Monday, April 17, 2023

Sometimes You Are the Pigeon, and Sometimes You Are the Statue: On Showing Up

(Kelly Reichardt, USA, 2023, rated R, 108 minutes)


 "You have to accept the fact that sometimes you are the pigeon, and sometimes you are the statue."--Claude Chabrol

Showing Up is not without incident. Things happen and characters react to them, but the events are so seemingly trivial that a viewer, especially one unfamiliar with the sly work of Portland writer/director Kelly Reichardt, could be forgiven for watching the first 20 minutes, and then wondering, "When does the film begin in earnest--when do the big things start to happen?" That viewer would be waiting in vain, because they don't. 

Reichardt starts by introducing Lizzy (a brunette Michelle Williams in her fourth go-round with the filmmaker), a disinterestedly-dressed, socially awkward visual artist. By day, she works at Oregon College of Art and Craft (a 112-year-old institution that abruptly closed for good in 2019). 

In her off-hours, Lizzy works on ceramic sculptures of women in various poses (created by multimedia artist Cynthia Lahti). With her garage door half-open, the rustle and coo of pigeons soundtracks her artistic labors. After she finishes each piece, she applies glaze, places it in a tray with her other most recent figurines, and then fires them in the school's kiln.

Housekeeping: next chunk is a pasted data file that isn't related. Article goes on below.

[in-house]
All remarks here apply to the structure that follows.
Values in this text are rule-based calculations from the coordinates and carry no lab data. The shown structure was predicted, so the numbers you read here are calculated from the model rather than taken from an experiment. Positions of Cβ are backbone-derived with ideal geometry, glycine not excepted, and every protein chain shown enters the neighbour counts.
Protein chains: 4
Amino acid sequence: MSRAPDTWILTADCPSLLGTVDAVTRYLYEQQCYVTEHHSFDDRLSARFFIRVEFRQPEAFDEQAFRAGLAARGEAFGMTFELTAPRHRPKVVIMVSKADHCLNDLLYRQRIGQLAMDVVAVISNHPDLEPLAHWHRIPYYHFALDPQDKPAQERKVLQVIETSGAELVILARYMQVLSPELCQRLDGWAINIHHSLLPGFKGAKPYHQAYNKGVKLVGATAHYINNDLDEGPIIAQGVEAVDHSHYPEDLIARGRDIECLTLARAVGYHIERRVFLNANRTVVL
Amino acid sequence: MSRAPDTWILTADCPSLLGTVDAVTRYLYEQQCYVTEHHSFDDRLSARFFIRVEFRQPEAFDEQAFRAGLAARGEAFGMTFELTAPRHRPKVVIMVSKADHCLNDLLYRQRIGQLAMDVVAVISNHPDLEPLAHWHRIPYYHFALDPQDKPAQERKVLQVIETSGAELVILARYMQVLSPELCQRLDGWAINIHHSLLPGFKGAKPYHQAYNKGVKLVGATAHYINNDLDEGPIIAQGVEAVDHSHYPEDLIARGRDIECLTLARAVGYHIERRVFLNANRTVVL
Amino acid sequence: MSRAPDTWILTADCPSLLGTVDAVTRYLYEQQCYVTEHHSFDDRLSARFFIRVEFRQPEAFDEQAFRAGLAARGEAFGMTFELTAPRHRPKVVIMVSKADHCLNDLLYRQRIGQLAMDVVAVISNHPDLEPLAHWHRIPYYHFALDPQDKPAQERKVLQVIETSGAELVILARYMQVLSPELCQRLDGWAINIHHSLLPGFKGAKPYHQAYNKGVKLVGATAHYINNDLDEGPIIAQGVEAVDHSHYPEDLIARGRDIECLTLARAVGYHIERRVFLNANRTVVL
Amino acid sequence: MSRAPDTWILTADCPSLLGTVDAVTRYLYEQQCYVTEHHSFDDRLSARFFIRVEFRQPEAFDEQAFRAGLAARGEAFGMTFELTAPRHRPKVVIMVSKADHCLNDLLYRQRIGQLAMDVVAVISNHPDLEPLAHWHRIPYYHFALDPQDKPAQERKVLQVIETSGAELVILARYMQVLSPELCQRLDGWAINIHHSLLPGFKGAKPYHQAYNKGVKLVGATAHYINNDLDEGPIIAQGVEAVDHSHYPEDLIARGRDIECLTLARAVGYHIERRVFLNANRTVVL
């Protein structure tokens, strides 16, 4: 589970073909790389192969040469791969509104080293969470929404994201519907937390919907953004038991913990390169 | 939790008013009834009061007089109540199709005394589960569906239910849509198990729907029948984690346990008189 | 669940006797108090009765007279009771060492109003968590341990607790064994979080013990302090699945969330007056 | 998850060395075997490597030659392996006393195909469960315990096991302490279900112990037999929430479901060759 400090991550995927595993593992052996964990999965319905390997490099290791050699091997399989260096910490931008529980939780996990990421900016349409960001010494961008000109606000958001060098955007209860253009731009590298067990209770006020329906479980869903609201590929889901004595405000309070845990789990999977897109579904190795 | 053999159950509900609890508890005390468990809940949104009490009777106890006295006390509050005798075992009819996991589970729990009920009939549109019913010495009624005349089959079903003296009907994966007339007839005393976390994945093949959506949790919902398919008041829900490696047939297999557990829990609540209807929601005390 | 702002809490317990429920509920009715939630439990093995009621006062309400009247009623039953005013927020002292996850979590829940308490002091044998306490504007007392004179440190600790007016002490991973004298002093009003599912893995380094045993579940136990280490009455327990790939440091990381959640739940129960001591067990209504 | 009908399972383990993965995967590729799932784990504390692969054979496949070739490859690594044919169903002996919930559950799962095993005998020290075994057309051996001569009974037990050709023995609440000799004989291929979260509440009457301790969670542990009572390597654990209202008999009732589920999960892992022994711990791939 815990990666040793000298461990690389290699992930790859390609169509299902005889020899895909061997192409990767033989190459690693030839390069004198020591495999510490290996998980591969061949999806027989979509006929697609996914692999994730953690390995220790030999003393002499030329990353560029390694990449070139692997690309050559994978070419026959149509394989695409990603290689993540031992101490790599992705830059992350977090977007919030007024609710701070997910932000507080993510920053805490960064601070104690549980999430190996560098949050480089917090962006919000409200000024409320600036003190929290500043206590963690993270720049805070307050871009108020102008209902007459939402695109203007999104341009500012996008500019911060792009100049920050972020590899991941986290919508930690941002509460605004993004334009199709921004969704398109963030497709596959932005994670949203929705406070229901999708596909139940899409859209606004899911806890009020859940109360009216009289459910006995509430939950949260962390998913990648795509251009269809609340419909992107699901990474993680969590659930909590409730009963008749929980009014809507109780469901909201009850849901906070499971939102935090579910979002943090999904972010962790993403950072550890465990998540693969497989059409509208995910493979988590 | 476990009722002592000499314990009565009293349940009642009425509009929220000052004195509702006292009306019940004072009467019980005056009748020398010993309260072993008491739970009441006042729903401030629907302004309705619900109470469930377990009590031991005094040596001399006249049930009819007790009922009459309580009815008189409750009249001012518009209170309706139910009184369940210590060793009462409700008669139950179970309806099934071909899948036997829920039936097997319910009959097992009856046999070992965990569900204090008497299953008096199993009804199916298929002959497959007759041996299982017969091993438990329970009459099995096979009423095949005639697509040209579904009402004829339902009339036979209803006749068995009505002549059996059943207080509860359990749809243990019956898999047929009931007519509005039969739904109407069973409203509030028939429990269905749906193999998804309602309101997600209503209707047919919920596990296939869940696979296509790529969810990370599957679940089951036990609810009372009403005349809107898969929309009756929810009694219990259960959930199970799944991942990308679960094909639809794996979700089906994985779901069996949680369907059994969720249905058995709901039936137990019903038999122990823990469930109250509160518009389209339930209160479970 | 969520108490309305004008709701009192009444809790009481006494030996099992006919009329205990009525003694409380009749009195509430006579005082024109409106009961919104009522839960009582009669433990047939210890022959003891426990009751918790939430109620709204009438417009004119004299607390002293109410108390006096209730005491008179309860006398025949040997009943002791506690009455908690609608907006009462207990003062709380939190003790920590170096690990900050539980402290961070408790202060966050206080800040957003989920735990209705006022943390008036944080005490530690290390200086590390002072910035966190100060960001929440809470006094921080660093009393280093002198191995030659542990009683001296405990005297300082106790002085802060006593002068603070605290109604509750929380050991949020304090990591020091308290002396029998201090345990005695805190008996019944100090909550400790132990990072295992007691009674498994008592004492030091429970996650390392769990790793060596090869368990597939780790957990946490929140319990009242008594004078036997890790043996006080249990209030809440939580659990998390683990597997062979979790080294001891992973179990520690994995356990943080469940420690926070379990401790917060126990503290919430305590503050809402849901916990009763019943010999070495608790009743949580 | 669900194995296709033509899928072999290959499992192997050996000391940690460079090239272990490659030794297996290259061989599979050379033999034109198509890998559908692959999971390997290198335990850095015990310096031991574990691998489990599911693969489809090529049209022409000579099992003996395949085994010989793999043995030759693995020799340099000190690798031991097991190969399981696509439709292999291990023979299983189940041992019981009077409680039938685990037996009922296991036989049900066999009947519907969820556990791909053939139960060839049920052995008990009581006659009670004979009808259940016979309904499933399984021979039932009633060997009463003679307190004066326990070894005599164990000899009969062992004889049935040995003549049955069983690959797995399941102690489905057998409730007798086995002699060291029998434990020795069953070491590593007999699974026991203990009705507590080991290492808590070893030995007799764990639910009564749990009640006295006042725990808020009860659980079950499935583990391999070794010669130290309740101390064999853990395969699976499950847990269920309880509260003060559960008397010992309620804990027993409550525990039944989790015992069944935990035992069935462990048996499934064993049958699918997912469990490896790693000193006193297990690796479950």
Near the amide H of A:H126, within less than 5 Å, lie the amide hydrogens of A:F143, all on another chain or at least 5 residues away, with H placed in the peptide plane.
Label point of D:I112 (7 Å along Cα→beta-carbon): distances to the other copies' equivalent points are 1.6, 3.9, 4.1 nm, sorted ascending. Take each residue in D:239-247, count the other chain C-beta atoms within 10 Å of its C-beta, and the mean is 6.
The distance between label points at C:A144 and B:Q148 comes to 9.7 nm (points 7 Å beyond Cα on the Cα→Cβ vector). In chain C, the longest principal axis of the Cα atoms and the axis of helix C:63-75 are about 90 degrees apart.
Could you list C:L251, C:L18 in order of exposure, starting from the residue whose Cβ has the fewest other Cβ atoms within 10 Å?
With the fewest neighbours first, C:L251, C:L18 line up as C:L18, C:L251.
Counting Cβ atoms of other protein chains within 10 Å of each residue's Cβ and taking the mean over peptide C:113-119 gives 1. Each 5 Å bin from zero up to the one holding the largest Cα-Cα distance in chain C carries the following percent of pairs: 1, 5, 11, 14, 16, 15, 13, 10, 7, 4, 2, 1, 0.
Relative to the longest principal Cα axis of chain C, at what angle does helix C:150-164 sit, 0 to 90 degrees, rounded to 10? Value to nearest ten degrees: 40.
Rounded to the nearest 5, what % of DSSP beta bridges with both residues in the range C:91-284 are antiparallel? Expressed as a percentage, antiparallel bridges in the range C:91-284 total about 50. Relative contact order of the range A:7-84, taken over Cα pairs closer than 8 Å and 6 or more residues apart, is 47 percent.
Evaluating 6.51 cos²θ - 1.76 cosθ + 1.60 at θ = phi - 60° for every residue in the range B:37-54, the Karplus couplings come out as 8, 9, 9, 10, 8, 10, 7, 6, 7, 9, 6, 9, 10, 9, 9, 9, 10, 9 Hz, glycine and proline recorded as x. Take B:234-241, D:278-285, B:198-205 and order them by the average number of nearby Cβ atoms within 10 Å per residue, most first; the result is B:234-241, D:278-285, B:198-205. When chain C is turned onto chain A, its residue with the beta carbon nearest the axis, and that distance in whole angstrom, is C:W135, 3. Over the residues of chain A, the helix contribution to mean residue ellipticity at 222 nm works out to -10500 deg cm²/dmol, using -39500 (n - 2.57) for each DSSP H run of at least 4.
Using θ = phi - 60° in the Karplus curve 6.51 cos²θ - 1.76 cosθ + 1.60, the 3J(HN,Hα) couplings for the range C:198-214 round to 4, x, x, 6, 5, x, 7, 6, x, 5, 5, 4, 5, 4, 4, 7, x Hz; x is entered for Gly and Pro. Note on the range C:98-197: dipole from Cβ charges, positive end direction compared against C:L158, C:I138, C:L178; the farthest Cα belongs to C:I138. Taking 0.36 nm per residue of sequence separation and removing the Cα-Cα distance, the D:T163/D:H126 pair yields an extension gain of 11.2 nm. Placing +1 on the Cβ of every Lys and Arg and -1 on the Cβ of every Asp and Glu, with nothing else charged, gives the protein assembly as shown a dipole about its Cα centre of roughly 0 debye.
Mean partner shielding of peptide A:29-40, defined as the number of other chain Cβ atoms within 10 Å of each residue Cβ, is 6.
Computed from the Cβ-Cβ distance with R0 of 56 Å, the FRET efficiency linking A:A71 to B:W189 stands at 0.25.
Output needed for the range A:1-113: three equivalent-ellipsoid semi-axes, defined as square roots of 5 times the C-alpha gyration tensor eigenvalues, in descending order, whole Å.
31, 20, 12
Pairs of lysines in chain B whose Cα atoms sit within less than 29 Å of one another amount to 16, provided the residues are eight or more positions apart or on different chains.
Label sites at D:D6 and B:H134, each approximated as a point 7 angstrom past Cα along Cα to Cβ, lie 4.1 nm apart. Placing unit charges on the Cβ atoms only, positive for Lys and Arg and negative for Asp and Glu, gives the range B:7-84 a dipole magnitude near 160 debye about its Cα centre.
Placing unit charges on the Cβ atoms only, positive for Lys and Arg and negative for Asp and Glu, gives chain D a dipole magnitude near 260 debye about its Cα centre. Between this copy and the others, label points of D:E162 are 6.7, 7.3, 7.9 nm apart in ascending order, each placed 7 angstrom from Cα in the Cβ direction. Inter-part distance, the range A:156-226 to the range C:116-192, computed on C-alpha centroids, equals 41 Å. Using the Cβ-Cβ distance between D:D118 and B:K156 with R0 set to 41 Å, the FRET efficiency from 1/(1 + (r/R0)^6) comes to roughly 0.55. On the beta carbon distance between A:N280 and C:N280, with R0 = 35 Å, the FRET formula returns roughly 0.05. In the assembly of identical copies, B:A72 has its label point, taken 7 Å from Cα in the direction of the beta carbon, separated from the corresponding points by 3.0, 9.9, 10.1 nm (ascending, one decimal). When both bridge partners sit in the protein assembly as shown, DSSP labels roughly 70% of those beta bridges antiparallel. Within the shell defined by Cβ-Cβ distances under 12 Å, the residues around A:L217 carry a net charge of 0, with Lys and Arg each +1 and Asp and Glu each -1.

At the outset, she's preparing for a gallery show, so she isn't exactly an unknown quantity in the local arts community, but she isn't as successful as former OCAC classmate Jo (The Whale's Hong Chau), a sunny, easily distracted apartment manager and textile artist who is preparing for two gallery shows of her own.

Reichardt and co-writer Jonathan Raymond (Meek's Cutoff) don't explicitly point out the differences between the women--named after his daughters--but they become apparent in subtle, yet significant ways. Lizzy's work is small, figurative, and breakable, while Jo's work is large, abstract, and pliable. It requires more of a physical effort and takes up more space. 

One morning before dawn, Lizzy hears a thump in the bathroom. She gets up to investigate. To her horror, she finds her orange tabby, Ricky, circling an injured pigeon. She shews away the cat, scoops up the bird with a broom, and pushes it out the window, saying, "Go die somewhere else."

Presumably, she feels bad. Or maybe she doesn't, but she attempts to move on with her life. What might prove a random incident in another film incites everything in this one, because Jo greets her the next day with the pigeon swaddled in a box. She found it that morning and assumed the neighborhood tomcat caused the injury. Lizzy doesn't correct her, but she can't move on with her life after all, because Jo ropes her into caring for the bird. Lizzy doesn't know how to say no, and they'll spend the next few days bandaging its wing, visiting a vet, and trading pigeon-sitting duty.